who had only recently come to the United States; his parents, Elizabeth Hutchinson and Andrew Jackson, had left Northern Ireland for North America in 1765.
Despite Jackson’s subsequent fame, he would come to be celebrated as a common American, and it is thus fitting that some of the details of his early childhood are still unclear. For example, it is still unclear where exactly Jackson’s parents first landed in the New World, though historians speculate that they would have landed in Philadelphia. What is known is that the Jacksons, both in their mid-20s, quickly moved South to an area between North and South Carolina that was heavily populated by fellow Presbyterians from Northern Ireland. This was a critical part of the attraction of the Waxhaw region: other members of the Jackson family already lived in the region, providing an intact group of support from the start.
Two years later, this support would prove critical, because Andrew Jackson's birth came amid enormous tragedy for the Jackson family. Jackson’s father had died in an accident less than three weeks before his birth, and shortly after his burial, Elizabeth gave birth to her third son in the home of her sister, Jane. She named the son Andrew in honor of her late husband.
While this is the generally accepted version of the story, it is not the only possible history. Because the border between North and South Carolina was not surveyed at the time, the exact location of Jackson's birth would determine which state he was born in. If, indeed, he was born in his Aunt Jane's house, then he was born in South Carolina. However, another side of the story claims Jackson's mother gave birth in another sister's home, in which case he would have been born in North Carolina. History has generally favored his birthplace to be South Carolina, but certain historians still claim the exact location was in North Carolina. Jackson himself claimed South Carolina as his birthplace.
Regardless, what is certain is that Andrew Jackson was born into a family facing dire circumstances. He grew up in his aunt's household, but because his aunt was sickly, Jackson's mother tended to most of the housework. Thus, Jackson’s mother was constantly working, as did much of the Jackson clan from a young age. The home was a chaotic one, with Aunt Jane's eight children and Elizabeth’s three.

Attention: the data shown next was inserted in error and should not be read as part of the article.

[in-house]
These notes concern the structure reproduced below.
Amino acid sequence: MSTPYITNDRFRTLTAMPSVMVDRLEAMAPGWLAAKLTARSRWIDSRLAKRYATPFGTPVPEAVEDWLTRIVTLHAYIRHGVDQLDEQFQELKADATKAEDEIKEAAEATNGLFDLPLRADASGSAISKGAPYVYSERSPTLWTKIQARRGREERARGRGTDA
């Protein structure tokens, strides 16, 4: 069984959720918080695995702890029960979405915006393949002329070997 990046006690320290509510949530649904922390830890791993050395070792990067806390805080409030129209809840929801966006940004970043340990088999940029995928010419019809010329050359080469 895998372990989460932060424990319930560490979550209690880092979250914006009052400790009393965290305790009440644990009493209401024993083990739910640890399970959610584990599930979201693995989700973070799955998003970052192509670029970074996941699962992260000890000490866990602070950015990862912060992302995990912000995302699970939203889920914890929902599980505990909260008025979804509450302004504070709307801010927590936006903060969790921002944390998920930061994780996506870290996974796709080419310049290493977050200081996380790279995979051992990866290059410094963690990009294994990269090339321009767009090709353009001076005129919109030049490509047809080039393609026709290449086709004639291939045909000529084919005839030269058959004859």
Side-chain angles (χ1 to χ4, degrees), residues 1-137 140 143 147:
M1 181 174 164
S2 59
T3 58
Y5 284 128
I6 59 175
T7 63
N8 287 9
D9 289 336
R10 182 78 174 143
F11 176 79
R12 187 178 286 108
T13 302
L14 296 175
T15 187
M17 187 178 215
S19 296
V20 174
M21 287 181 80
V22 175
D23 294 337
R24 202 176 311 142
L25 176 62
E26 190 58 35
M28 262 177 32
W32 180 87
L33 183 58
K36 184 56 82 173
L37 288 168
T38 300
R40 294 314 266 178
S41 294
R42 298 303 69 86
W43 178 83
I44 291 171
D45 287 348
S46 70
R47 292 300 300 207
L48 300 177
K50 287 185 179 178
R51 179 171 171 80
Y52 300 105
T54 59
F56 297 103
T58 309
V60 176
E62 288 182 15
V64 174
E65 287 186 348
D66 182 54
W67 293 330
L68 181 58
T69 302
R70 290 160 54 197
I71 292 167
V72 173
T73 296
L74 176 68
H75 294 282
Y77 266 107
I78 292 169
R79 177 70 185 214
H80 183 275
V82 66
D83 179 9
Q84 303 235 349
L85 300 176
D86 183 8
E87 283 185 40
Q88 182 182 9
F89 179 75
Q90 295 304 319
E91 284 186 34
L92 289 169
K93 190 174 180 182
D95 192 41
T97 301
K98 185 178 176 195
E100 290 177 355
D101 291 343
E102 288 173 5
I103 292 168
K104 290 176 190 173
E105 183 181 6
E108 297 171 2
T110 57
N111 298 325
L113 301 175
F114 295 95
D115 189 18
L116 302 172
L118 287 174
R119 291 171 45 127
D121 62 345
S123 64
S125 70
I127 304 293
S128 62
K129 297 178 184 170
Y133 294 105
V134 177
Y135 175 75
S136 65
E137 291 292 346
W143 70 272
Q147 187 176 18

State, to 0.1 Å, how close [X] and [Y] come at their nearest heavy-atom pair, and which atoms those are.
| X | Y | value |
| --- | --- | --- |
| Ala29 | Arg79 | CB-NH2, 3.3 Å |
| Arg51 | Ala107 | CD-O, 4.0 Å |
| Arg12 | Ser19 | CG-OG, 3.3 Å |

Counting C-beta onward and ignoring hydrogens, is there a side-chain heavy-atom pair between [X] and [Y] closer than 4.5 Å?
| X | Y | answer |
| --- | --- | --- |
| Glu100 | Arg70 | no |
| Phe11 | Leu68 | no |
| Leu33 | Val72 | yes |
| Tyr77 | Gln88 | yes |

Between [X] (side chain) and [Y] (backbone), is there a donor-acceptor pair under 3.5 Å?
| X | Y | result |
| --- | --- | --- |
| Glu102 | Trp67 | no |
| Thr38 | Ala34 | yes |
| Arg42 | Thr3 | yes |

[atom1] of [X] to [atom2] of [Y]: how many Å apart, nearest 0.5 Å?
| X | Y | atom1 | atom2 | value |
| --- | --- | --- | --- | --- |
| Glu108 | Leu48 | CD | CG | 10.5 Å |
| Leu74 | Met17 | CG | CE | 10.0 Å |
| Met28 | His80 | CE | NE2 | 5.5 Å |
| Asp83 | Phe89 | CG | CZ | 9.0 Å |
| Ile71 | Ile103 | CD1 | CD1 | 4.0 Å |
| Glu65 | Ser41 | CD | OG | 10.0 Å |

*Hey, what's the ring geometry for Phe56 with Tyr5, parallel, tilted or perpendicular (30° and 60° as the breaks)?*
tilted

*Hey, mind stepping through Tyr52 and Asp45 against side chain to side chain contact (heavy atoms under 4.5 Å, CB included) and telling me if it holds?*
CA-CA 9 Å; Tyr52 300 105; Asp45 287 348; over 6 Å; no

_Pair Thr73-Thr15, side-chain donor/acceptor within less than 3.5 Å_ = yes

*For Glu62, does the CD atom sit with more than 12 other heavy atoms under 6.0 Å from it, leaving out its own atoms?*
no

Despite the poor circumstances, Elizabeth held out high hopes for her youngest son, who showed enormous piety as a child. She thought Andrew could one day become a Presbyterian minister, and she managed enough money to provide a modest education for the young Jackson. As a child, he attended a local academy, headed by a Dr. William Humphries.
Although Jackson’s education took place in fits and starts, when he was in school he received a fairly comprehensive curriculum. In school Jackson learned some Latin and Greek, though the classical languages seem to have had little effect on him. By the time he reached a school age, Jackson’s temper was already growing more aggressive and hostile, and it frequently manifested itself during his education. Thought he was pious as a young child, Jackson became more and more vicious as he aged, quickly leading his mother to the unfortunate realization that Presbyterian minister was an increasingly unlikely career path for her youngest son. Instead, as the once devout Jackson grew into young adulthood, he infrequently attended church services and began to casually dismiss organized religion altogether. Jackson may have remained a believer throughout his life, but he was done being a very active one.
Jackson also grew tired of education, no doubt due in large measure to his legendarily short attention span. As a teenager, Jackson preferred being wild and frolicsome to contemplative and studious. As fate would have it, Jackson was growing up at the perfect time for the athletic and